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The Paradigmatic Bishops of History- Clement

clement-writing

IV. Extra-canonical 

A. 1 Clement

First, I want to address an exegetical issue I improperly glossed over regarding 1 Clement 44. The conclusions I’ve reached provide a bit more context to the discussion and reinforce my presbyterian thesis. 1 Clement 44 reads,

And our Apostles knew through our Lord Jesus Christ that there would be strife over the name of the bishop’s office.

For this cause therefore, having received complete foreknowledge, they appointed the aforesaid persons, and afterwards they provided a continuance, that if these should fall asleep, other approved men should succeed to their ministration. Those therefore who were appointed by them, or afterward by other men of repute with the consent of the whole Church, and have ministered unblamably to the flock of Christ in lowliness of mind, peacefully and with all modesty, and for long time have borne a good report with all these men we consider to be unjustly thrust out from their ministration.

It is grammatically ambiguous who Clement is referring to in 1 Clem. 44:2 “They appointed.” Who is the subject doing the “appointing?” There are three possible interpretations: i. The apostles are the subject who ordain those to succeed them (initially I accepted this interpretation in my article) ii. The bishops and deacons appointed were given apostolic prerogative to ordain others by the Apostles iii. Bishops and deacons are the subject and were to be succeeded if they should die by election of the presbytery and congregation. The way Eric Jay describes the situation the first two support an “episcopal” position (though I don’t think that even if the first two interpretations are to be preferred that the presbyterian view would not be able to seamlessly integrate them) and the third the presbyterian position. After weighing the exegetical possibilities it’s true that each one is grammatically possible, but Jay, following the interpretation of Cyril Richardson concludes,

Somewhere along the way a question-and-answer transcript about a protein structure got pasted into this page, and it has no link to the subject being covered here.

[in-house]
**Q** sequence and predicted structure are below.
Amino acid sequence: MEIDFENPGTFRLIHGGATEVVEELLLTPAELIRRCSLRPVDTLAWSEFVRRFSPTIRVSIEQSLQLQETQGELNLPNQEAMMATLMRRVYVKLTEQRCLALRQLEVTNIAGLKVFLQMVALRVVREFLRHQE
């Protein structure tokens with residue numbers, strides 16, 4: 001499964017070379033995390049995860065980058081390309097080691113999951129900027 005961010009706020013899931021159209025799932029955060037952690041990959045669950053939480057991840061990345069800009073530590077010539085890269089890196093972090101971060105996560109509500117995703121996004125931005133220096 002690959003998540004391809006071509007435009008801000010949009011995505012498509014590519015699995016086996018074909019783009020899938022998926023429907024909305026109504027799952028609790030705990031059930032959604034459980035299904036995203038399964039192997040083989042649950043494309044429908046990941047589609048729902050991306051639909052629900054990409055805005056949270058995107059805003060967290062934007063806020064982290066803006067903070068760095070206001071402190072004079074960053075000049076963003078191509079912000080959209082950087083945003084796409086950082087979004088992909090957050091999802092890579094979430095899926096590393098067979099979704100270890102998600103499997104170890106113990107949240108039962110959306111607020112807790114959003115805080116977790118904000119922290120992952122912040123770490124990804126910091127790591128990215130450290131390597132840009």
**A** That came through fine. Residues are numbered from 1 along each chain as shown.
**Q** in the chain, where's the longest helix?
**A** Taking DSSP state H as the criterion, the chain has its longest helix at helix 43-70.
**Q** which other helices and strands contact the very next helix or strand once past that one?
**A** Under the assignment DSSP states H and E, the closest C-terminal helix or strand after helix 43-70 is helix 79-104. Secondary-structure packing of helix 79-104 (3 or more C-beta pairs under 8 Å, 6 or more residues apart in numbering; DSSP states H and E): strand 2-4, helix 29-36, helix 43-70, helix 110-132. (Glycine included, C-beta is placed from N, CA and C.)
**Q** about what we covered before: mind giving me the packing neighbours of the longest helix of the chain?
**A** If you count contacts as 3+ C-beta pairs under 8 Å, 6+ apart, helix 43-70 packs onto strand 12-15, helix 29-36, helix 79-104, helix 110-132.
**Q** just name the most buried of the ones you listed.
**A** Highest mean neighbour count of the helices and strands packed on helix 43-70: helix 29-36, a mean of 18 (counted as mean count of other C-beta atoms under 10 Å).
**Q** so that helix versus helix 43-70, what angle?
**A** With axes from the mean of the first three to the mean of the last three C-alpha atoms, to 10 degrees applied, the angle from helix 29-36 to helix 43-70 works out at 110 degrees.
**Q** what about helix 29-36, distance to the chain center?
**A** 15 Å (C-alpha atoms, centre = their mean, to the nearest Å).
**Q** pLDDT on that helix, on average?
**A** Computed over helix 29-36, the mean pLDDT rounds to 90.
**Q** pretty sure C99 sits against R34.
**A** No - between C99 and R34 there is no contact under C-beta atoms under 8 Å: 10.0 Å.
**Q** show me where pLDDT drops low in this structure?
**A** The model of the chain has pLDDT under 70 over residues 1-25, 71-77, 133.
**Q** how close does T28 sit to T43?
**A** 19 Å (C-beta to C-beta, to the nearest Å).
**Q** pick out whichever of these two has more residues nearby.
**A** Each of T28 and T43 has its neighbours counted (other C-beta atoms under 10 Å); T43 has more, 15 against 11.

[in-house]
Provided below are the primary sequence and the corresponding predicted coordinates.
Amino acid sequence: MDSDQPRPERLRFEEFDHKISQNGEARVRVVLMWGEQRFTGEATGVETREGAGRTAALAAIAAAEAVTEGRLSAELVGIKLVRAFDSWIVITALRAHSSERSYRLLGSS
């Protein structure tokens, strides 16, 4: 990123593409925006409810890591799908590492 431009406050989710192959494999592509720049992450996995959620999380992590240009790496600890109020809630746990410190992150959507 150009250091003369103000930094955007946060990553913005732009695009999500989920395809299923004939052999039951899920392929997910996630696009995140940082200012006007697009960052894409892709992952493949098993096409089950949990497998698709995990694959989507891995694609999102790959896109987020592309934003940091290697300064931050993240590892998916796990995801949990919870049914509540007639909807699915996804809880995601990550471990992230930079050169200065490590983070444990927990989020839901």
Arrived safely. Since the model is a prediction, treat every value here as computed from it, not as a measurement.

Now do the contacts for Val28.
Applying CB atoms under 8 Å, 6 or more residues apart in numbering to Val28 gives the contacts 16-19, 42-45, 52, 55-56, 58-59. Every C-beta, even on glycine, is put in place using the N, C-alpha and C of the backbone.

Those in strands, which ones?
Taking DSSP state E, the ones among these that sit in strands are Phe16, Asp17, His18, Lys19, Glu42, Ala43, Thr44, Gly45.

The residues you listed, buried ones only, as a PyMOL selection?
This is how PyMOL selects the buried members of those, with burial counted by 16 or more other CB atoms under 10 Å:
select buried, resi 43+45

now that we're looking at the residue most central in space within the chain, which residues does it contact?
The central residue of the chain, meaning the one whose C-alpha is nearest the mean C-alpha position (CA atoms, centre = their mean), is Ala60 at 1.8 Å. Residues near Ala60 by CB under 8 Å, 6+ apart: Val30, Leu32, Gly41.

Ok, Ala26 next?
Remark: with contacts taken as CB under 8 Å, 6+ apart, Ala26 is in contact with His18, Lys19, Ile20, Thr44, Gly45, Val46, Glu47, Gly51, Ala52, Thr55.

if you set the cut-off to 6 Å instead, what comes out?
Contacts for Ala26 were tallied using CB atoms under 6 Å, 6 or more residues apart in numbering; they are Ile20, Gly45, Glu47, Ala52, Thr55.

It has to be said that Clement is not attempting to state a precise doctrine of structure of ministry. His point is that when presbyters have been appointed as the apostles laid down (however that may be conceived), it is wrong to depose them if their ministry has been conscientious and effective. His purpose is to plead for the stability of the presbyterial system in Corinth…episcopalian though I am, I prefer the [presbyterial model]. Had Clement known of a decision by the apostles to initiate a succession through a series of men regarded as ranking with themselves, by whom alone other minsters as well as their own successors could legitimately be ordained, he would surely have written more precisely.

Jay’s point is that if the hierarchical structure of the episcopate was in place as asserted by Dix (and BOH), then why does Clement not simply point to this rupture as the simple solution to this breach of Apostolic Succession? If a leader with supreme jurisdictional Apostolic authority existed in Rome or in Corinth, why does he not point to this individual to resolve the dispute? Instead, Clement . This observation is an important consideration given the grammatical ambiguity and supplements the grammatical observations of the third interpretation option.